London PR for Diespeker

London Calling – London PR

I’ve been working with agency Terra Ferma Media for five or so years as an associate. Initially managing social media for a number of their clients including Ellenborough Park, Mantis Travel and (my favourite for kudos alone) Bear Grylls Survival School, they then asked if I could write the copy for their client Diespeker & Co’s new website. Naturally I said yes! This led to an invitation to handle the PR for the London natural stone and terrazzo company, which I leapt at.

Three years’ on and last night, an email landed in my inbox. The client wanted to tell his outsourced marketing team that his turnover had doubled over the last year and that he was extremely excited by this news! As was I, of course.


There’s little doubt that the work we’ve all been putting in has had a significant impact on the success of the business. Diespeker’s website, when it launched, was – and still is – way ahead of competitor websites in terms of content and style. We add regular news updates and the stories we tell are not only about projects, but Diespeker’s supported charity (Stem4) and MD John Krause’s exploits as a marathon runner.

I was really pleased in November when Diespeker won Manufacturer of the Year at the South East Manufacturers Awards. Although I wrote the submission, the proof is in the pudding – the work that Diespeker is doing with bespoke terrazzo is unequalled by any other manufacturer in the UK.

The future

We’re about to embark on a company magazine, which I’m delighted to be editing. I know we’re entrenched in digital, digital, digital, so it’s lovely to be working on a print publication for a change. There’s also going to be a launch later this year, of an offshoot business aimed more at the luxury interiors market. Can’t wait!

It’s a privilige to be working with Diespeker & Co, to be part of the company’s journey to greater and greater success.

Yet, although I love my visits to London, the buzz of the Smoke and seeing old haunts (we passed by a flat I once lived in, in Streatham, on my last visit), I also love returning to Devon. It’s always fascinating taking the train, and watching the regular commuters in their daily routine. I have the best of both worlds, I think.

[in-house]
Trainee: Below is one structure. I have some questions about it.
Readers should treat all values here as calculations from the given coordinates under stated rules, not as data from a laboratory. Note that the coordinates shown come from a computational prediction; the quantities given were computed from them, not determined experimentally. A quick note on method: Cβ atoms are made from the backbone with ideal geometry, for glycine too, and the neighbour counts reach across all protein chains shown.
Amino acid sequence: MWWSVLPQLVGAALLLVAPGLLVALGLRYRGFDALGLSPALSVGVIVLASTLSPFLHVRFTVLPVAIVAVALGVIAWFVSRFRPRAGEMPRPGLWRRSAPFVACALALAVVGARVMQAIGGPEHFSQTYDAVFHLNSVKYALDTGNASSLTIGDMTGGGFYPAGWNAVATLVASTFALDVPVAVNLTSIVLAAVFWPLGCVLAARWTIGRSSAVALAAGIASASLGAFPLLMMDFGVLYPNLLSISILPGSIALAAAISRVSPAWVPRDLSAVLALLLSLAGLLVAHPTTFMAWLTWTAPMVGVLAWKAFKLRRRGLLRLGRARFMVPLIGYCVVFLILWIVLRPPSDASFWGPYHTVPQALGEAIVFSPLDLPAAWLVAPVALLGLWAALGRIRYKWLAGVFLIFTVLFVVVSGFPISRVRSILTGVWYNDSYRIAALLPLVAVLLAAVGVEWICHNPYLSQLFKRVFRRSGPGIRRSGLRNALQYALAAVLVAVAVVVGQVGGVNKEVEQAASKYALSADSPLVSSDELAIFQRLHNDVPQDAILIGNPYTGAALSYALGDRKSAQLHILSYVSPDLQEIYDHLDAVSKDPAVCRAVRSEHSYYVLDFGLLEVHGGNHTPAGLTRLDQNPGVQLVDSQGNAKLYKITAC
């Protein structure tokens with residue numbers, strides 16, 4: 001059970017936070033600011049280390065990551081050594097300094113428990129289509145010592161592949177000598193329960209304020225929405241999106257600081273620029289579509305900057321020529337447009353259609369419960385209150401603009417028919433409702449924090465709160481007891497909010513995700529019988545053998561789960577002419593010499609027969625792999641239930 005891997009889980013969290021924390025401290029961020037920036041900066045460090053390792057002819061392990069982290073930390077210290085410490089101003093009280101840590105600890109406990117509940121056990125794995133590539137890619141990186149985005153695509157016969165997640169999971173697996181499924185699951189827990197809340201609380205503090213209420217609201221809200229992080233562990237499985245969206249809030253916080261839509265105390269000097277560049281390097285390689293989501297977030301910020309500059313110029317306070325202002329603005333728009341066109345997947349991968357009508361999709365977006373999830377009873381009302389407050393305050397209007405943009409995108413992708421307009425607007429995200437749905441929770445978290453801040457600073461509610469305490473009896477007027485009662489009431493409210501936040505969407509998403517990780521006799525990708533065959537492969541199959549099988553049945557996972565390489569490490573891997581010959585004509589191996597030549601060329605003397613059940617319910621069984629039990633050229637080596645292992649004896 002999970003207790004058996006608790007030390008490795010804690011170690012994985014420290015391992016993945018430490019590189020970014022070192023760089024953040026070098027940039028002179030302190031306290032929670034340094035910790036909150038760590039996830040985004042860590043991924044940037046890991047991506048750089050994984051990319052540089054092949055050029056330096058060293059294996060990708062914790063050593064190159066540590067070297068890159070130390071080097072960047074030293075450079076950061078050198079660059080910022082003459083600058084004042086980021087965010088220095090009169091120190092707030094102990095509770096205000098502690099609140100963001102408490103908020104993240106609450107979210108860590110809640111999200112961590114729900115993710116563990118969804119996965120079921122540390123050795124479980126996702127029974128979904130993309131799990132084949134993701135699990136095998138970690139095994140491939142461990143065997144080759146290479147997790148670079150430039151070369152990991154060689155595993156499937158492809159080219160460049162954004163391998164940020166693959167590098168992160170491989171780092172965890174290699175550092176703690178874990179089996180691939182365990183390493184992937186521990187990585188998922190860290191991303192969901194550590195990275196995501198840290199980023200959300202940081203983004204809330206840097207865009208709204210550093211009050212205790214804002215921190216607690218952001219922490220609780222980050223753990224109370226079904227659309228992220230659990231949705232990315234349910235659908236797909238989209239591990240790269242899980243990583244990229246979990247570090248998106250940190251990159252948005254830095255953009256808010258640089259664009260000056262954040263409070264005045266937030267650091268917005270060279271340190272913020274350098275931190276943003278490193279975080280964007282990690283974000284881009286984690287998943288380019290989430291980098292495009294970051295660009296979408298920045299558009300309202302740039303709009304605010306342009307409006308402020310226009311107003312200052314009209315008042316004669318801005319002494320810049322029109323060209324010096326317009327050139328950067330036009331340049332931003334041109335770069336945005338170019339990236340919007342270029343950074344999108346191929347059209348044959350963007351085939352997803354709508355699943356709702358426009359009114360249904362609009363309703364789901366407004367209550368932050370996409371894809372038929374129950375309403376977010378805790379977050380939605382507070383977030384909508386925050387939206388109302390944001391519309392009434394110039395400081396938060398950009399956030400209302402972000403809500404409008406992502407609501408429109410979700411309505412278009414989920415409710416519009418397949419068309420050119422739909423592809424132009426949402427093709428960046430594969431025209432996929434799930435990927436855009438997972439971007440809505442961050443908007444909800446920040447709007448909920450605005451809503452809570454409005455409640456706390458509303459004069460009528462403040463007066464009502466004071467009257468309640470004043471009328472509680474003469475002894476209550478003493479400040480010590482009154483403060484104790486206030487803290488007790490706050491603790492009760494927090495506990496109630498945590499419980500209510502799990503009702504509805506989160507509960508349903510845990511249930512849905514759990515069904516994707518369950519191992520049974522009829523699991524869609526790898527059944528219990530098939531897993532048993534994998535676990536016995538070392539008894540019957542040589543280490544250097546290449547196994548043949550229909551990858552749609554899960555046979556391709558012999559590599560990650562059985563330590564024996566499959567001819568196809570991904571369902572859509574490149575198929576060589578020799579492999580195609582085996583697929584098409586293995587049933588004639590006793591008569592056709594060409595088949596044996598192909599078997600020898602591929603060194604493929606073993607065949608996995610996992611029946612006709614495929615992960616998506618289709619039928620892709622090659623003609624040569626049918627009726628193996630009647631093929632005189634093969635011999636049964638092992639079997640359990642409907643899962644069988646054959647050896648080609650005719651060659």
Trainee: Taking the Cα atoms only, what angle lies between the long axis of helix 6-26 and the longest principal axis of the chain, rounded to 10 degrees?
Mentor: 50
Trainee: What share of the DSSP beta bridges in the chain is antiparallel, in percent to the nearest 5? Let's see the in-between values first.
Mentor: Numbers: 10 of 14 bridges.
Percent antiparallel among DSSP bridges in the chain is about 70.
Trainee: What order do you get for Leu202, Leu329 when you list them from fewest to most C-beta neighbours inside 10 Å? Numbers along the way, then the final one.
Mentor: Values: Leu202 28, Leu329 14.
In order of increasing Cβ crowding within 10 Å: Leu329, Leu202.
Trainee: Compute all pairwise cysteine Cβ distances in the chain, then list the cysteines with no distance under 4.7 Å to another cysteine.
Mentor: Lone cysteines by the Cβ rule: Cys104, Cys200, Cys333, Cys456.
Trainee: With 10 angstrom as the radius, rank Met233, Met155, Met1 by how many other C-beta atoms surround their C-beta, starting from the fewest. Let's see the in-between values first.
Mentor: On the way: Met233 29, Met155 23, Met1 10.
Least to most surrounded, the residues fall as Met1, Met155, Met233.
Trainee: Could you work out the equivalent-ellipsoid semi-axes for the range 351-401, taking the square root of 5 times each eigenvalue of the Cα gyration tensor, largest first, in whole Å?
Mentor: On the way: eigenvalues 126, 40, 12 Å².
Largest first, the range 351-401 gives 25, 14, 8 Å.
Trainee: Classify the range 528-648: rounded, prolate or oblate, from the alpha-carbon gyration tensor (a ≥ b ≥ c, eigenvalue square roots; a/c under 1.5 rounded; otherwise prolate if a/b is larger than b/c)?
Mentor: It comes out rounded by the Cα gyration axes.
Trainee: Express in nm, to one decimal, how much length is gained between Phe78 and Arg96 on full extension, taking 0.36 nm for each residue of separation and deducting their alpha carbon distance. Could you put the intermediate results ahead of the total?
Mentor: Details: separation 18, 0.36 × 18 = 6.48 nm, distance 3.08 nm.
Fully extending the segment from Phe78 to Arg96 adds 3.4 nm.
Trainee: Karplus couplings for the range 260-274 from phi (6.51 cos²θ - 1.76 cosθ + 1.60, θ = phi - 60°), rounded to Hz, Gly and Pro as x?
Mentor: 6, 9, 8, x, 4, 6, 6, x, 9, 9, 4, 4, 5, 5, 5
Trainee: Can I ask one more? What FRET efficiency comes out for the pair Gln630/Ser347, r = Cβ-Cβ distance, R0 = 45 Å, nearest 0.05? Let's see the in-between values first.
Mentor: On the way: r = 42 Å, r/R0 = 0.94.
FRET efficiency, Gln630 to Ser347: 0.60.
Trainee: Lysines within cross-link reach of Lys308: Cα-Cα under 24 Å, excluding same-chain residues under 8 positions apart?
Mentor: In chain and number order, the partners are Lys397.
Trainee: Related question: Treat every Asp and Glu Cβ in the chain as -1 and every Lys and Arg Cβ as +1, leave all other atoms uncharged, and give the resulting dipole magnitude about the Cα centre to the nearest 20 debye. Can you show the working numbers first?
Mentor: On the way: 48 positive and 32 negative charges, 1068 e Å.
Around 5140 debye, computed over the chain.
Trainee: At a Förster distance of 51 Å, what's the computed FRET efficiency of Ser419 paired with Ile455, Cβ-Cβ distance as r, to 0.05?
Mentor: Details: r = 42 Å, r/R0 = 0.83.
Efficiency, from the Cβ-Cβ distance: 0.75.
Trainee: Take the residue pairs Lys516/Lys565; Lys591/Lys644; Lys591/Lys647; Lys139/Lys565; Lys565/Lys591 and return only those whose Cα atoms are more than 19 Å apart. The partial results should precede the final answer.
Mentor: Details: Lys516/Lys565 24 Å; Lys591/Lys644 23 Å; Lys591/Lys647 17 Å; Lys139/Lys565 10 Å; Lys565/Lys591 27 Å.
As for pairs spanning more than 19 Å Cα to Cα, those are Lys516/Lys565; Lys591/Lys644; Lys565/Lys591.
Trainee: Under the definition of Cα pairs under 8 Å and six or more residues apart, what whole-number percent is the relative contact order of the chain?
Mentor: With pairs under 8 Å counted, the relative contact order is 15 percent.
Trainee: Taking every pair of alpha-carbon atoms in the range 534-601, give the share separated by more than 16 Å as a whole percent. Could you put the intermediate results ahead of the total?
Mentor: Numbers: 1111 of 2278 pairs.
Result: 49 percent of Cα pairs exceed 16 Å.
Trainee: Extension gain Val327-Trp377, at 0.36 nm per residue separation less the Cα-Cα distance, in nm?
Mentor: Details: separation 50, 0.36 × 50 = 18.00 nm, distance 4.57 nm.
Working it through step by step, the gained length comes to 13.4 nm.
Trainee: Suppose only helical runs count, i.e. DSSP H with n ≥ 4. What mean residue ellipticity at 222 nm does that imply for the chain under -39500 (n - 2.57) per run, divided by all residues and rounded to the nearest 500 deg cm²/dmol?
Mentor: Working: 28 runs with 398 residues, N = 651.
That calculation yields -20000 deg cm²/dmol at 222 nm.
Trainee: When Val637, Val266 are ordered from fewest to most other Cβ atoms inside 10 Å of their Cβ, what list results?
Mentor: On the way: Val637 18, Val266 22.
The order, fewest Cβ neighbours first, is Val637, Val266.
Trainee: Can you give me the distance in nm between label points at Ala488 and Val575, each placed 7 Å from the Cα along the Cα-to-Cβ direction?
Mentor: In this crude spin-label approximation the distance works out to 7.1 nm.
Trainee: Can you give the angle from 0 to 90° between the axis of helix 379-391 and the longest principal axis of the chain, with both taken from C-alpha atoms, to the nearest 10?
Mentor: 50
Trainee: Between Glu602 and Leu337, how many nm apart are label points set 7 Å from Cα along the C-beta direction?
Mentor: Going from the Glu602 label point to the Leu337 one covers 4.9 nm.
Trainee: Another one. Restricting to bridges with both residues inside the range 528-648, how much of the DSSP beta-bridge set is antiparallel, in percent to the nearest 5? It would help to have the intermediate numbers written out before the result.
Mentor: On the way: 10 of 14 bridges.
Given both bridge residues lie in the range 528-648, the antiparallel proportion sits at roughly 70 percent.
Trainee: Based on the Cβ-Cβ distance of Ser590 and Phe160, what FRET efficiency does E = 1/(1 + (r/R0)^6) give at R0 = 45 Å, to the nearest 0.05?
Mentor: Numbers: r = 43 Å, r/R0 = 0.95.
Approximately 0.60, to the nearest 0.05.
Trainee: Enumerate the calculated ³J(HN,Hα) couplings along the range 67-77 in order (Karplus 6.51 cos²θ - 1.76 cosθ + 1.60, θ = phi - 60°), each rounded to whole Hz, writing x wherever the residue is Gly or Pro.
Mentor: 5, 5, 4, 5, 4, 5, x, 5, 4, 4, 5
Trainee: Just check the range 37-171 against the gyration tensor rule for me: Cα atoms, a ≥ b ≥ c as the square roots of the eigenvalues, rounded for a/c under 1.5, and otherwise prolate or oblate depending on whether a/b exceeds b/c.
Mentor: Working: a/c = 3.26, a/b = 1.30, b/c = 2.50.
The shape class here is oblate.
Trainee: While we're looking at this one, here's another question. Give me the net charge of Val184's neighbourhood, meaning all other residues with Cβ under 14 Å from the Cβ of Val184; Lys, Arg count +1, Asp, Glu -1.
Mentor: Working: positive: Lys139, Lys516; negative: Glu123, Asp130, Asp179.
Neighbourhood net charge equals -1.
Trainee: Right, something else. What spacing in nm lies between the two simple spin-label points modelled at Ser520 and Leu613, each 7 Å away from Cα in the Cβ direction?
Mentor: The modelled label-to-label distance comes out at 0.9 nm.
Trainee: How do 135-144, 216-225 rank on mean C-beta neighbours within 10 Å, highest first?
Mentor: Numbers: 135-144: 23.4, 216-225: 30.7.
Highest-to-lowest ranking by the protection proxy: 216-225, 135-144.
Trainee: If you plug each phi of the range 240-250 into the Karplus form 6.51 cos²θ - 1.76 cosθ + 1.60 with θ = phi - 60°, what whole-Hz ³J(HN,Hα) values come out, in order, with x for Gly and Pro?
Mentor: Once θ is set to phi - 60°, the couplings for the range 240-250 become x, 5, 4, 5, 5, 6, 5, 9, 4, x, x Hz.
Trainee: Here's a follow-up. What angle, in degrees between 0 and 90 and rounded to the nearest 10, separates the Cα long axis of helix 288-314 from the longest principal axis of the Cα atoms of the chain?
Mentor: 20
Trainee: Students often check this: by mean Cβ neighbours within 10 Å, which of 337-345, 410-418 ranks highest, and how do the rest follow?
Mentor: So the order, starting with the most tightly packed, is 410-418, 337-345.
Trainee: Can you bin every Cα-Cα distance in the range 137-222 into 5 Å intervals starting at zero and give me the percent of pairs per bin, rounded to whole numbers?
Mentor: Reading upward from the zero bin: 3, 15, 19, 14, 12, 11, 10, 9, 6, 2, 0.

Pirate ship at Tickety-Boo

Tickety-Boo launches pirate ship

Ahoy there! Pirate ship sets sail at Tickety-Boo

I started working with Tickety-Boo in 2016 – the coffee shop and play kingdom opened in August with a successful launch event. Even then there was talk of a second section in the play kingdom, as there was space at the rear of the building.

Fast forward to 2017 – as a venture, Tickety-Boo has become a great success. This had led to a bronze award win at the Devon Tourism Awards.

The need to extend the play area, add more seating and create rear access to the play area became pressing. So it was all hands on deck (literally) to make a pirate ship, and fit out the area. I peeked in from time to time to watch progress; the boat being built, the walls being painted, the carpet going in. All the time mentioning the need for a launch event.

Stuart and the pirate ship This week I had a phone call from Stuart, the owner of Tickety-Boo. With the onset of the Christmas holidays, he had decided to open the new section as it was reaThe first pirates on the pirate shipdy. In the event, there was no time for a launch. But we had to do something to officially open it. So I drove to Ottery St Mary to take photos, borrowed some children (with the permission of their mum) and persuaded Stuart¬† to pose in the ship. Sadly I didn’t have time to get him a pirate hat!

The photos went straight up on Tickety-Boo’s Facebook page and immediately the likes, shares and comments started mounting up (there are currently over 200 likes on that post). Customers had been aware that the extension was being worked on, and word spread fast. Perfect timing for the Christmas holidays. In the end, a soft launch did the job just fine.


Facebook has proved a really successful platform for Tickety-Boo. The Facebook community is edging towards 2,000 with no hard push or adverts, just relevant content including competitions and menu updates. The community is very engaged, making comments, tagging people and sharing posts. Comments are almost always positive, and reviews always good, with a 4.9 rating. Tickety-Boo doesn’t need hard sell, its success is down to a combination of hard work, customer service and a real commitment to the local community.

Go check out the pirate ship if you have little ones. It’s a beautiful thing (and the cakes are amazing!).